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The Women’s Sports Foundation holds that youth sports should be open to transgender athletes without restrictions. But at the elite level, the foundation “believes that appropriate governing bodies can and where necessary should set reasonable, evidenced-based standards,” which sometimes include blocking athletes from competition during transition and mandating drugs that suppress testosterone production.

Fischer was invited to speak with members of Congress over the summer but declined. She learned she would get to talk to legislators only for a couple of minutes at a time, and she said that felt “disingenuous.”

Fischer’s parents worry about what comes next. Alonzo said they live a sort of double existence. In some ways, they have a charmed life in a safe suburb of Louisville with a school community that has embraced their transgender daughter. But lurking beneath that is the buzz of anxiety over what state lawmakers may pass next session.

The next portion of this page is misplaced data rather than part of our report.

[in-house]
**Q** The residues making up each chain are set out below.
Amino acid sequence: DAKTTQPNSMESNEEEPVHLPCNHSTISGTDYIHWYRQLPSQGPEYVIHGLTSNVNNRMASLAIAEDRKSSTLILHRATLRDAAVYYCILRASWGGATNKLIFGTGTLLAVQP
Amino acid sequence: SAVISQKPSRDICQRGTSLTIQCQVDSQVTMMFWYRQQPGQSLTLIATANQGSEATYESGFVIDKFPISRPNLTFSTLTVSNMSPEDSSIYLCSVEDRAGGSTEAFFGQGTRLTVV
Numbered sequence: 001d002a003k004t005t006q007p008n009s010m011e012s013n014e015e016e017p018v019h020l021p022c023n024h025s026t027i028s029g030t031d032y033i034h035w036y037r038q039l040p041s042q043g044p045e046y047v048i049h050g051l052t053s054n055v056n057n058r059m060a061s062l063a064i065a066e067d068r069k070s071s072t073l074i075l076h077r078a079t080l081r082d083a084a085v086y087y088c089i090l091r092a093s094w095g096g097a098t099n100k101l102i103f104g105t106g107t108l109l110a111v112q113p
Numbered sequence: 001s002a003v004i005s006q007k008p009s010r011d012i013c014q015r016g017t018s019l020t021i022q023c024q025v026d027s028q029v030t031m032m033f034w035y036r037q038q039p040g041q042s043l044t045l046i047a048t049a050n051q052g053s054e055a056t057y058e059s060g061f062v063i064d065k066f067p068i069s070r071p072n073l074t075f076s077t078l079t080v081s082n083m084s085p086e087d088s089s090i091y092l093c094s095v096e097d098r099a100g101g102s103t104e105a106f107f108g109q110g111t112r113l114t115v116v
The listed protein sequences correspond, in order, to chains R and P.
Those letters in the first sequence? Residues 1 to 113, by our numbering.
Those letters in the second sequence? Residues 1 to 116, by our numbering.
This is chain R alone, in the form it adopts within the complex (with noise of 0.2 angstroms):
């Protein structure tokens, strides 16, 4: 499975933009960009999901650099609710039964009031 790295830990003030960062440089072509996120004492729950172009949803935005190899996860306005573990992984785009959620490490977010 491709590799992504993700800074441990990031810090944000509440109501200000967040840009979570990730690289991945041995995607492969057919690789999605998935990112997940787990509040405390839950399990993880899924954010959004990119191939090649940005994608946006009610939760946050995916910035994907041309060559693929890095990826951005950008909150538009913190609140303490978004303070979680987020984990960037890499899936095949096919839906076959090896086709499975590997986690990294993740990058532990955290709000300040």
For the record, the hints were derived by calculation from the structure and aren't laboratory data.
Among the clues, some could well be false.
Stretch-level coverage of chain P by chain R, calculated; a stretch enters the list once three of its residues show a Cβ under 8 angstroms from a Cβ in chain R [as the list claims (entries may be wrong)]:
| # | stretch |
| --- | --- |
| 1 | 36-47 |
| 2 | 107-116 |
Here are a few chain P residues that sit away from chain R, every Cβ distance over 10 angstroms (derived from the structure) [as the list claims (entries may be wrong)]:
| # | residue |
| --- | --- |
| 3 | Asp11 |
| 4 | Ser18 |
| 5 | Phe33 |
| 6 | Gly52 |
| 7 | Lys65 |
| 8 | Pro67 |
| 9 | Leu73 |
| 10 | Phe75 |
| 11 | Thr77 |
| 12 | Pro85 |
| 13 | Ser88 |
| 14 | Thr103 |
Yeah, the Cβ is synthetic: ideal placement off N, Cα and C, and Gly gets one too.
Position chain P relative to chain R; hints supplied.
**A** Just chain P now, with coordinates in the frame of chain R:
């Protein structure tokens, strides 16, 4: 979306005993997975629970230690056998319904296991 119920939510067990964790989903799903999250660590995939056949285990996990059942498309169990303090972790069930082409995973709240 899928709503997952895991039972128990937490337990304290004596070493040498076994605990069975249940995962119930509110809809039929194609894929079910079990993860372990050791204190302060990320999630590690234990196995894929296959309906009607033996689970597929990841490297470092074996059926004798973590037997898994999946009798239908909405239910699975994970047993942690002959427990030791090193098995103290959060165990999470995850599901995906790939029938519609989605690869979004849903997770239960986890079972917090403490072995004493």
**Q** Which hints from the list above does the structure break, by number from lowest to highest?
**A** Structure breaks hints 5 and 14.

One bill that failed in this year’s session, for example, would bar Fischer and other youth from getting gender-affirming health care, such as puberty blockers and hormone therapy that assists them in their transition. A similar measure has already passed in Alabama and Texas, forcing families with transgender children to seek care out of state.

If that happens, Alonzo said, “then we can’t be here.”

Fischer began eighth grade this month and watched her classmates return to the field hockey team she helped create. She is weighing playing on a YMCA team, further honing the skills she built last year.

The sport is difficult to learn. The J-shaped stick is too short, requiring players to bend low to the ground. The ball doesn’t bounce, so it gets stuck in thick grass. A novice could easily swing hard and miss.

Fischer doesn’t miss, and when she connects with the ball, the reverberations sometimes leave her fingers numb.

“It’s amazing,” Fischer said.

“It’s like a crack. It runs up the stick to your hands,” she added. “It’s a really nice feeling.”

Scott Clement contributed to this report.